I'm definitely running afoul of some sort of idle timeout, and it's in not very many minutes (though I haven't yet measured the exact duration). This is with bash. I haven't yet changed any ssh settings, but according to the documentation, TCP keepalive is enabled by default, which should both keep the TCP connection from dropping and keep the NAT mapping from timing out (as long as the keepalive interval is shorter than the NAT timeout). I haven't tried fiddling with ServerAliveInterval yet.
There doesn't seem to be a way to disable the motd at login without also disabling the "last login" message (and possibly other messages of interest). The old server honored the .no-motd flag file, but the new one ignores it. Using .hushlogin is overly heavy-handed.
The new server doesn't add ~/bin to PATH globally, which the old one did. Perhaps this was intentional, since binaries built for oldshell won't necessarily work (due to missing libraries), but it means that some tweaking of local startup scripts is needed to get that effect.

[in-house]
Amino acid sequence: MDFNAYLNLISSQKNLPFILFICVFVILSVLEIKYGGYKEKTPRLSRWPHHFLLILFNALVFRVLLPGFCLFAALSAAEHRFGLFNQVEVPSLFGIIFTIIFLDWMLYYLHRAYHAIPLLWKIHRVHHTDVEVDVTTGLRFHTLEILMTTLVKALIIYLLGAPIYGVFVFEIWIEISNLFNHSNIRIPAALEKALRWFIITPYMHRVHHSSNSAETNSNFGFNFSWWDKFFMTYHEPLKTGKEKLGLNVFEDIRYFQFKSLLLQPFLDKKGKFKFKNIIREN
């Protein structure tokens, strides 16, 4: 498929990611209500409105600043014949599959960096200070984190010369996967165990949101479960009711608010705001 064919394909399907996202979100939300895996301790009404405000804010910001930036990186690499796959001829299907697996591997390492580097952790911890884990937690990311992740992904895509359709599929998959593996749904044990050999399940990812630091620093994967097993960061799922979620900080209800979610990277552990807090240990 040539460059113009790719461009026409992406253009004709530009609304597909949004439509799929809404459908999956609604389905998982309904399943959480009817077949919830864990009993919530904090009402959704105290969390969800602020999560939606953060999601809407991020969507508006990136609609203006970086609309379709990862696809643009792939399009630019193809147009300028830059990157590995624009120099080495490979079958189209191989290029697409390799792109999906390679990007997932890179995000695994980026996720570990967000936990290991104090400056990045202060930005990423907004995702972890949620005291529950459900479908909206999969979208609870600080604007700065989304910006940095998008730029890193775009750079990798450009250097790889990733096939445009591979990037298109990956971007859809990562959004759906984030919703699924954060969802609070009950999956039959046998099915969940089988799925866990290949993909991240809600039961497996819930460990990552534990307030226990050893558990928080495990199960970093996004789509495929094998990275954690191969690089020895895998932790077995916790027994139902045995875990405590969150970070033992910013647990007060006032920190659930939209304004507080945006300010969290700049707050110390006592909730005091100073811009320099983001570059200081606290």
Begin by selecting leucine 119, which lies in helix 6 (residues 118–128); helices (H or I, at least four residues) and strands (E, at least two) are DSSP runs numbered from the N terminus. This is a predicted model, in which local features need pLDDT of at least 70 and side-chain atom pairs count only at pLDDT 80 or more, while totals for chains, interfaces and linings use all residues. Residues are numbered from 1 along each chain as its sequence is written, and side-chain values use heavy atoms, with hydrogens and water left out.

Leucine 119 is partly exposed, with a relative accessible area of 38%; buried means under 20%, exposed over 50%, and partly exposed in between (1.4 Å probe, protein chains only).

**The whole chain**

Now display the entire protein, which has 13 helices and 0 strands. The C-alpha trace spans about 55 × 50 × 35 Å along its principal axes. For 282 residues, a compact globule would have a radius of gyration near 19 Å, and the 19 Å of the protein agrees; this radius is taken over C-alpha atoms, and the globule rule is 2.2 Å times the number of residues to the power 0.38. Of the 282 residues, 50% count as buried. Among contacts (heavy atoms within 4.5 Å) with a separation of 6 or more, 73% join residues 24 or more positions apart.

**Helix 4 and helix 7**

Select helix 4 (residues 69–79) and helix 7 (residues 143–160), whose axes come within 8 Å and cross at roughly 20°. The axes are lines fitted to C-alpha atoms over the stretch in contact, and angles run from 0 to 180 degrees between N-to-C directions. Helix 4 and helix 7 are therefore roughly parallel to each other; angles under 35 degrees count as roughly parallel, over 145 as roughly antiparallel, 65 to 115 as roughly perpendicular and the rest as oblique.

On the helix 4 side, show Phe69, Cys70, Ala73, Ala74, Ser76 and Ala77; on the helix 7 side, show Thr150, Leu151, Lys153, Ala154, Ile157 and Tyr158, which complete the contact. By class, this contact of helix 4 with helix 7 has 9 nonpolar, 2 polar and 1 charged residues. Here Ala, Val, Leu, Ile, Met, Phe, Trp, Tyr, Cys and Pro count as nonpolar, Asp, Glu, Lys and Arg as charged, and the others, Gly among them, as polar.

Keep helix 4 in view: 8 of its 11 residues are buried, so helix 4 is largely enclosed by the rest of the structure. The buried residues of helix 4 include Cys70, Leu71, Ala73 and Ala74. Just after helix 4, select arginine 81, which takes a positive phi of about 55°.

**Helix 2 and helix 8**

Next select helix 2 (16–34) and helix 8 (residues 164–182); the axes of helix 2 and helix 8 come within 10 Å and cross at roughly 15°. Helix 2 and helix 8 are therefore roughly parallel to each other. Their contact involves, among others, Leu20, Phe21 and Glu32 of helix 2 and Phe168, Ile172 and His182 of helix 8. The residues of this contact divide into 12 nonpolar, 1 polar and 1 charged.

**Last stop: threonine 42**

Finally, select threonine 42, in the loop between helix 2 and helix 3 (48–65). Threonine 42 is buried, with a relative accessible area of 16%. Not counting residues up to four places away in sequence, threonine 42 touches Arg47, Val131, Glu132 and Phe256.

The chroot containerization unfortunately separates multiple sessions from the same user. On oldshell, when something I'm running goes out to lunch, I can log in another session and kill the offending process, but that's not possible on the new server. It would be better if the containers could be per-userid rather than per-session, though I don't know how easy that would be to implement. A kludgy workaround might be to have special versions of ps and kill that could reach outside the chroot jail (while still being userid-constrained). And of course, if any real use is made of groups, containers would need to be per-group.